I think the biggest drawback is that an all-subway MOS would still need a portal and a place to store the trainsets, so it would probably be necessary to build it to Navy Pier and create a yard somewhere near the existing bus turn-around or water filtration plant, and adding maybe $125 million for the tunneling, $25 million for the portal, $75 million for a terminal station and $200 million for the yard, so another $425 million or so. The grade-level only extension from Columbus to Navy Pier probably adds $200 million to their $750 million but I don't know what their yards idea would be - perhaps on the surface lots near Columbus and Illinois - so an apples-to-apples comparison for cost is probably more like $950mm for surface along Carroll Street vs. $1.375 billion for the subway version, roughly 40% more expensive. But it would be a better line in a lot of ways.

UPChicago Oct 28, 2016 1:14 AM

Build it underground or don't build it at all imo

ardecila Oct 29, 2016 4:03 PM

Quote:

Originally Posted by LouisVanDerWright (Post 7605323)
I would be OK with it being at grade along canal, they may as well just shut that street down already, it's always a clusterfuck anyway. Just turn it into drop off lanes for Union (O'Hare style with waiting islands) and then LRT ROW along one side. Everywhere else on the route has existing ROW or could easily lose a traffic lane or could easily accomodate new ROW due to vacant land.

I don't think it can be at-grade on Canal. It draws power from a third-rail, so there would be major safety problems. West Loop has huge pedestrian traffic, unlike Albany Park or Wilmette where the L trains run at grade. Also would slow the train down quite a bit if it has to stop at every cross-street. I think it has to be elevated along Canal, unless the city coughs up for a tunnel...

streetline Oct 29, 2016 6:55 PM

Quote:

Originally Posted by ardecila (Post 7606986)
I don't think it can be at-grade on Canal. It draws power from a third-rail, so there would be major safety problems. West Loop has huge pedestrian traffic, unlike Albany Park or Wilmette where the L trains run at grade. Also would slow the train down quite a bit if it has to stop at every cross-street. I think it has to be elevated along Canal, unless the city coughs up for a tunnel...

Isn't Canal already on a viaduct? You'd think they could make room down there rather than digging a fresh tunnel.

I think the general idea of more grade separated transit through the extended downtown, with connections up to Clybourne, and down along the Metra Electric, is great. But I want to see a lot more details before I get really excited (whether for or against).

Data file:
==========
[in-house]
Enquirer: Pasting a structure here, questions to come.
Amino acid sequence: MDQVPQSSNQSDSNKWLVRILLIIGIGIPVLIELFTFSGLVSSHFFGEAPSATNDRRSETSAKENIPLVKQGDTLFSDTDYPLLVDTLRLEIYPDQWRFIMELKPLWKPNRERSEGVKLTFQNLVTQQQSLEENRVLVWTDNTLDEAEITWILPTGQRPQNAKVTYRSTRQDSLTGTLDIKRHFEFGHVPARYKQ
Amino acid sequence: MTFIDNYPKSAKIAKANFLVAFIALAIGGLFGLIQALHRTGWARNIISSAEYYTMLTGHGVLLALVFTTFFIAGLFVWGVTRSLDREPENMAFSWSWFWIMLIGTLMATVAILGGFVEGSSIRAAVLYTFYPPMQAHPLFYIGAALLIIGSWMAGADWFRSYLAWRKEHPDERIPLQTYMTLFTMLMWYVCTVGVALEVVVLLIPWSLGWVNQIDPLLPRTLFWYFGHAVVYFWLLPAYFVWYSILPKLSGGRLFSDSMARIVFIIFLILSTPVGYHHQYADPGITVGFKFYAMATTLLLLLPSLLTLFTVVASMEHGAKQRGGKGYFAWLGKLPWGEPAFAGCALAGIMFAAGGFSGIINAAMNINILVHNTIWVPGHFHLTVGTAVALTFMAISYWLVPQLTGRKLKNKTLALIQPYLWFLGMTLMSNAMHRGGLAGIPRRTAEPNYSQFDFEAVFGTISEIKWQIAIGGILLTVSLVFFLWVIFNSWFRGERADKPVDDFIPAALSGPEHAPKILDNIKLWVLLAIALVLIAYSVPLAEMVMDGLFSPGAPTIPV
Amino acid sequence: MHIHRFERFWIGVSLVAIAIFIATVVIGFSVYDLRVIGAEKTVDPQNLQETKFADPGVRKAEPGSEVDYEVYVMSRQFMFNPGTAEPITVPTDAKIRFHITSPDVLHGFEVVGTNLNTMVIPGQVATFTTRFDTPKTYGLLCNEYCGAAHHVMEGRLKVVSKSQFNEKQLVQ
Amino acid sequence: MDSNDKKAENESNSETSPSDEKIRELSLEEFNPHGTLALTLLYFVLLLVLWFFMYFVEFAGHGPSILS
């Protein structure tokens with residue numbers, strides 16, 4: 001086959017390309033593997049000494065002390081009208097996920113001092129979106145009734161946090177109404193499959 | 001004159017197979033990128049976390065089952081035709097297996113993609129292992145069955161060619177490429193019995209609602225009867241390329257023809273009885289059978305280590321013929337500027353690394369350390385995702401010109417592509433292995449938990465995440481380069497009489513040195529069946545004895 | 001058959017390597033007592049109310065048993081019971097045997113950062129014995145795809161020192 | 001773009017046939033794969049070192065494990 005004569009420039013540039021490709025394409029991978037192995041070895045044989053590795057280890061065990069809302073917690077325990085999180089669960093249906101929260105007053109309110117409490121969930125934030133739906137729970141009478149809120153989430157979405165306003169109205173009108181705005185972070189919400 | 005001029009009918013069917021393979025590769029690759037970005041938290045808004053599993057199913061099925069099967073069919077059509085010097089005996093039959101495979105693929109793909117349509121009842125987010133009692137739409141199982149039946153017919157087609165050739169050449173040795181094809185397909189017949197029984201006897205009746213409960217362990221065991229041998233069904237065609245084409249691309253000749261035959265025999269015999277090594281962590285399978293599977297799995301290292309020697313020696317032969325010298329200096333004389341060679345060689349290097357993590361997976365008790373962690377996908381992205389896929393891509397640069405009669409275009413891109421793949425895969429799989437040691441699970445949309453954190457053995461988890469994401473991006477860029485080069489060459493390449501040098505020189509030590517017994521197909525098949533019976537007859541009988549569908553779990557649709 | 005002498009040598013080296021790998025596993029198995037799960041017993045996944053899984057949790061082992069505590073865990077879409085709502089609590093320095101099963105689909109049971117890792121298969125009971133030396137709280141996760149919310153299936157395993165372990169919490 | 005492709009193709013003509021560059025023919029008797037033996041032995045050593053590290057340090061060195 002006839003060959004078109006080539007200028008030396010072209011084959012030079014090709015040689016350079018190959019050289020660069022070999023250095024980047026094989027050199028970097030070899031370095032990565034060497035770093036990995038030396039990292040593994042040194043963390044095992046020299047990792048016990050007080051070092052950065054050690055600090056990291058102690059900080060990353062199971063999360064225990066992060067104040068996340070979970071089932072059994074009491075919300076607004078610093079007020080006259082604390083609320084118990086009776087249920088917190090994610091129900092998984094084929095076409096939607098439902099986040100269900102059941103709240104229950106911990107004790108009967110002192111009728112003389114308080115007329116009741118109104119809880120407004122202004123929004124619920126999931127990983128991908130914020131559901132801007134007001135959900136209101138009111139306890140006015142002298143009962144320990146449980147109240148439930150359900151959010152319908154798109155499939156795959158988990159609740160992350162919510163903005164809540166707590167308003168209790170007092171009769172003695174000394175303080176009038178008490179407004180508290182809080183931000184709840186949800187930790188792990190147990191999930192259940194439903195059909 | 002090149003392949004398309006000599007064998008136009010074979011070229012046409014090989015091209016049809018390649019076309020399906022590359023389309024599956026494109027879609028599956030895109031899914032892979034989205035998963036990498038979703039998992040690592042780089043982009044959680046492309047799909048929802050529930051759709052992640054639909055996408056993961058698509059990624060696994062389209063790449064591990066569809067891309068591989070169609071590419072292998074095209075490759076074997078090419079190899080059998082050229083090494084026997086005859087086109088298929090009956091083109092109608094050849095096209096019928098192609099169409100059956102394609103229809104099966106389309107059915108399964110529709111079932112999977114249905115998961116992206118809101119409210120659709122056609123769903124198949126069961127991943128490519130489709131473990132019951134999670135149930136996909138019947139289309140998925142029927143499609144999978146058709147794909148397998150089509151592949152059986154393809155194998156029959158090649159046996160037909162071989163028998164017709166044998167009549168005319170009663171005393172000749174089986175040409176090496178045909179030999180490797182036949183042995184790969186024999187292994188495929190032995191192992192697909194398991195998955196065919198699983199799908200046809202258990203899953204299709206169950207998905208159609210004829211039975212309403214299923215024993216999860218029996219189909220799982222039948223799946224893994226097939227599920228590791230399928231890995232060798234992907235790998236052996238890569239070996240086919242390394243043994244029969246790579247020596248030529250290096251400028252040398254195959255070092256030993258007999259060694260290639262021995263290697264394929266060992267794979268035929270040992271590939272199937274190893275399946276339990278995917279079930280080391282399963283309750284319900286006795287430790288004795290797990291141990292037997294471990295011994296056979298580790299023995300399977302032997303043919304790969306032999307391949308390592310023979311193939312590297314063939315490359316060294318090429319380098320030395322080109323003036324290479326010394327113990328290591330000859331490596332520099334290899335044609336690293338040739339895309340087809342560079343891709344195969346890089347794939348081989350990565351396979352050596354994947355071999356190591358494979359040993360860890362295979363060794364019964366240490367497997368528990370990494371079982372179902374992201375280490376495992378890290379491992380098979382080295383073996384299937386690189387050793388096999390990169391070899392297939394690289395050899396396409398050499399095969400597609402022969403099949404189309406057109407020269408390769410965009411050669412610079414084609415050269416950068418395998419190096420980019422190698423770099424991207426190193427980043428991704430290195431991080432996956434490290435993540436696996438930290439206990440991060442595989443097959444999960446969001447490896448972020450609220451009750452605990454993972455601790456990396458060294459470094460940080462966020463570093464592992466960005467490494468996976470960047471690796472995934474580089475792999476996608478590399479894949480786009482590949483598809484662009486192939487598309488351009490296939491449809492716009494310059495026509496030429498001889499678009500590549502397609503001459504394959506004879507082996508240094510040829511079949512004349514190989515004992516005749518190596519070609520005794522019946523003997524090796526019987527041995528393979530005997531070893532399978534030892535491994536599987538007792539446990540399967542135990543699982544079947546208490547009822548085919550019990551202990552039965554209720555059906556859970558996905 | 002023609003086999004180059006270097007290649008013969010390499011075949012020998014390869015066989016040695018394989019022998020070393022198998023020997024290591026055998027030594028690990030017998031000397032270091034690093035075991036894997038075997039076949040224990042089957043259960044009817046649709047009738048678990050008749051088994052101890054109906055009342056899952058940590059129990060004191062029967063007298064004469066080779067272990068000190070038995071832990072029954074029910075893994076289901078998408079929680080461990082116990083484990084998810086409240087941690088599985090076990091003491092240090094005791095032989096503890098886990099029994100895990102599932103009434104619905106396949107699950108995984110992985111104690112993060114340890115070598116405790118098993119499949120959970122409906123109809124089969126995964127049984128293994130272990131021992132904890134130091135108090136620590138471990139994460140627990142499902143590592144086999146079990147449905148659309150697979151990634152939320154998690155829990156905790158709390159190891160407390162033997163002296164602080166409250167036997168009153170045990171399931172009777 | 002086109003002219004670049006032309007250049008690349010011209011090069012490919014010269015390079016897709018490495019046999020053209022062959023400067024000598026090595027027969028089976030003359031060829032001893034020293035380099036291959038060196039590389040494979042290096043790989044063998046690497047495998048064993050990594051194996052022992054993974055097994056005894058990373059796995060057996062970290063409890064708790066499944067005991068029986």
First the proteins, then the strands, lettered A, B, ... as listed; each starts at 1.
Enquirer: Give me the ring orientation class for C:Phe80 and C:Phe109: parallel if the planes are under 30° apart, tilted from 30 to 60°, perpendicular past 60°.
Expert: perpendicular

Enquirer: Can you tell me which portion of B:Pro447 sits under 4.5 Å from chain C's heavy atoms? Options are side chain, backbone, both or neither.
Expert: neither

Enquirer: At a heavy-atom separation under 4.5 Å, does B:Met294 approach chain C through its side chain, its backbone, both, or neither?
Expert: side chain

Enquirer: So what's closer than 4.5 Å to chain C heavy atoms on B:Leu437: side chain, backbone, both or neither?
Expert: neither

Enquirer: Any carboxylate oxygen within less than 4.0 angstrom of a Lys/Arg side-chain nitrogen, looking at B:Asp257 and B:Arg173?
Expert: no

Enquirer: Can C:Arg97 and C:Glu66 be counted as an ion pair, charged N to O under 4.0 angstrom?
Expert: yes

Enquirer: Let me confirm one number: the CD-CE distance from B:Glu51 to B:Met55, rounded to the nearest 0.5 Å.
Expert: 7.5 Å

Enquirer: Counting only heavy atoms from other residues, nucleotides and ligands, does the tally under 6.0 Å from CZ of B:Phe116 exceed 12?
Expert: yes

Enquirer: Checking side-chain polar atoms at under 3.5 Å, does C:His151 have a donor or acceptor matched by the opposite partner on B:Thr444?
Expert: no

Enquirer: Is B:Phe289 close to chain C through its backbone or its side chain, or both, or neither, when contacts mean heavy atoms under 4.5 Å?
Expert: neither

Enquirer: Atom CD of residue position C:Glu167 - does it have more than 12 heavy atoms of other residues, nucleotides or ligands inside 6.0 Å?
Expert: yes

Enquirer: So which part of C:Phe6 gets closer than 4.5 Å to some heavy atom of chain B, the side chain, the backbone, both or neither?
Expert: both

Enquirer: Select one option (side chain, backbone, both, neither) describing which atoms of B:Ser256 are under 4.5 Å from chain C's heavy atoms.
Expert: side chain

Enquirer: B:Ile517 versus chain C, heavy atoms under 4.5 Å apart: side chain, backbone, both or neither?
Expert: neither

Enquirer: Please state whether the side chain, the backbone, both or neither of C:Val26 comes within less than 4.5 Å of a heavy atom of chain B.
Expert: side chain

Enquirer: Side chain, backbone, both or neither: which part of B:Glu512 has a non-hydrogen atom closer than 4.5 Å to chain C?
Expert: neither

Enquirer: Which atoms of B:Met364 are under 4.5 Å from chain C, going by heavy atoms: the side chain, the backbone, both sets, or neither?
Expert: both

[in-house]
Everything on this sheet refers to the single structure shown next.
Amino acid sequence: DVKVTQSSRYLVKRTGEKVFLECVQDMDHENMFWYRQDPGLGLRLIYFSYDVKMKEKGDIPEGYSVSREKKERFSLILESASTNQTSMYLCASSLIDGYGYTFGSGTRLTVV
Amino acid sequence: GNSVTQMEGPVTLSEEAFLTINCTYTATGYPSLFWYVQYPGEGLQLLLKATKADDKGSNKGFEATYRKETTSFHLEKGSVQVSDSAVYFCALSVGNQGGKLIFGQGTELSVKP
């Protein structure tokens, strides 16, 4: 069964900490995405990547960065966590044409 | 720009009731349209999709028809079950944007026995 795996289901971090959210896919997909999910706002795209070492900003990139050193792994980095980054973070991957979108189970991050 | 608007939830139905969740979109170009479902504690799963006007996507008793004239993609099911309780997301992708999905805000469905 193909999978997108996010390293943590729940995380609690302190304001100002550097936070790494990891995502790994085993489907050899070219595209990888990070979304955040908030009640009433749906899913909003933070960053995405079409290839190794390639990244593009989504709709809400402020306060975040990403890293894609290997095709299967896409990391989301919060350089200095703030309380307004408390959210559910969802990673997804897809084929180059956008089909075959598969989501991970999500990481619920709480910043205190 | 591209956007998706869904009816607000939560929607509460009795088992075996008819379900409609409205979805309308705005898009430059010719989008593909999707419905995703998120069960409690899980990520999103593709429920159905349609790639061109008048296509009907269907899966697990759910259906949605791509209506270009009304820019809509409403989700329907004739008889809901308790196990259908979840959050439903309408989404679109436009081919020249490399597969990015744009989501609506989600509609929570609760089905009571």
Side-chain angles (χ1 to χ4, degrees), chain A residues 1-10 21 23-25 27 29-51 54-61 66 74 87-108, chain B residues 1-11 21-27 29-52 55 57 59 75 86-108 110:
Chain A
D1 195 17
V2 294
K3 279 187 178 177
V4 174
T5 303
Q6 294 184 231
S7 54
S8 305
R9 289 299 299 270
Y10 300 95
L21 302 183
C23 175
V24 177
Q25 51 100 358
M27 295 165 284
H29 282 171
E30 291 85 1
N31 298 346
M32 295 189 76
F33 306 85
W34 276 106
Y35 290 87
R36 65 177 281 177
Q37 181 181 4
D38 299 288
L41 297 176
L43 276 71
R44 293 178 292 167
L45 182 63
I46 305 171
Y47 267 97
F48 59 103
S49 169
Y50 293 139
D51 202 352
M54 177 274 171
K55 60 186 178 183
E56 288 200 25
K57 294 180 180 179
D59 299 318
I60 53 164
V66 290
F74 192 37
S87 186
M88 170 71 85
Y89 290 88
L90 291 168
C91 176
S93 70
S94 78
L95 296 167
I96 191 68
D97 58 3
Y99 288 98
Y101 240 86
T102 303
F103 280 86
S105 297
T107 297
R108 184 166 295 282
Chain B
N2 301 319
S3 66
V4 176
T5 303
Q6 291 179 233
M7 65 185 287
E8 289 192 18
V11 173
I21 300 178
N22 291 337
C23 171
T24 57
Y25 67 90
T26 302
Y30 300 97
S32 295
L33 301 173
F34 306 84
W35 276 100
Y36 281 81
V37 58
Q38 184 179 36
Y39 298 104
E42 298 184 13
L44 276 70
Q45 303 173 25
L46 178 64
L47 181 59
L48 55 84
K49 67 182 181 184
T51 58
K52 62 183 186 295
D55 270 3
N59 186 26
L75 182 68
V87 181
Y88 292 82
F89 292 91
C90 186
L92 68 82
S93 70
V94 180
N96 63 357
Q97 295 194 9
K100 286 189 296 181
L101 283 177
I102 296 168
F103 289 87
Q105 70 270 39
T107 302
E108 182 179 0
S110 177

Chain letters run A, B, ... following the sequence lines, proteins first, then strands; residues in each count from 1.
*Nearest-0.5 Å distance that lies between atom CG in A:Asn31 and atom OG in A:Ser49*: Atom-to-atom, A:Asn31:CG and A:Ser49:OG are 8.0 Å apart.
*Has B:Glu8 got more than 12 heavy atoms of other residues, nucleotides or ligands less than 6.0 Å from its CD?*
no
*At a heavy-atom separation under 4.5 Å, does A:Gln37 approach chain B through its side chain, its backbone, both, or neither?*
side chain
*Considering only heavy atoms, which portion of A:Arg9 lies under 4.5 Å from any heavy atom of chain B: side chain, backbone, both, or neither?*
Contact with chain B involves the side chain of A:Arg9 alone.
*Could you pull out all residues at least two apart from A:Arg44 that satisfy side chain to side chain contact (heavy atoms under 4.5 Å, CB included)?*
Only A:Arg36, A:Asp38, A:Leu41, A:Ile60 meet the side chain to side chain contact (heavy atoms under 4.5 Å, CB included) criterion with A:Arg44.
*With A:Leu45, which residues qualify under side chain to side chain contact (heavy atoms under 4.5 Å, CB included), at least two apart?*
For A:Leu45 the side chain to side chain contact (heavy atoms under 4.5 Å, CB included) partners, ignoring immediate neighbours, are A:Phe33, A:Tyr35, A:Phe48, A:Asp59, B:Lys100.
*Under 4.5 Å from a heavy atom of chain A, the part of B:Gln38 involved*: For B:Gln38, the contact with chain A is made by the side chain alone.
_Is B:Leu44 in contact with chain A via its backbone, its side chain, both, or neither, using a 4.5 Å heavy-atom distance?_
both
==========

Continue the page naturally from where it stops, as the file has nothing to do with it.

ardecila Oct 29, 2016 8:32 PM

Quote:

Originally Posted by streetline (Post 7607082)
Isn't Canal already on a viaduct? You'd think they could make room down there rather than digging a fresh tunnel.

I think the general idea of more grade separated transit through the extended downtown, with connections up to Clybourne, and down along the Metra Electric, is great. But I want to see a lot more details before I get really excited (whether for or against).

Sorry, I meant Clinton.

At any rate, this study only offers a general (horizontal) alignment and certainly no specifics about vertical alignment. That's probably wise, you don't want residents and business owners crying foul over elevated viaducts or years of cut-and-cover subway disruption before you've even had a chance to do a study.

I assume significant parts of this will be underground, but who knows? Maybe Rahm will provide political cover to build elevated. Ideally the study would provide funding to create profile drawings of the whole corridor to see what kind of alignments are possible - at-grade, viaduct, berm, trench, subway, etc. There might be ways to change traffic patterns (i.e. dead-end streets or grade-separate intersections) to keep the trains without conflict.

Quote:

Originally Posted by emathias (Post 7605532)
Then it goes up an actual street - Wabash - and then onto a heavily-used, major street used by traffic to avoid surface crossing of Michigan Avenue with no decent transfer to the Red Line (2 blocks away - 1 north, 1 west).

This is a detail, but it may be possible to dig a diagonal tunnel between Grand/State and Illinois/Lower Wabash; the buildings (AMA and Palomar) are arranged in such a way to potentially allow this. That tunnel would be comparable to the transfer at Jackson. Or CTA could build a new mezzanine for Grand at Illinois, and then an east-west tunnel over to Wabash. Personally I think the Jackson tunnel is a little too long to be a comfortable transfer, but plenty of people seem to use it.

aaron38 Nov 1, 2016 8:04 PM

Time to Rethink Neighborhood Permit Parking Zones, City Clerk Says
http://www.chicagotribune.com/news/local/politics/

Via Chicago Nov 9, 2016 11:54 AM

so with the new political order, what are the chances the transit projects in the pipeline actually move forward? does the red line project have federal funds in hand?

CTA Gray Line Nov 9, 2016 1:12 PM

Quote:

Originally Posted by Via Chicago (Post 7617562)
so with the new political order, what are the chances the transit projects in the pipeline actually move forward? does the red line project have federal funds in hand?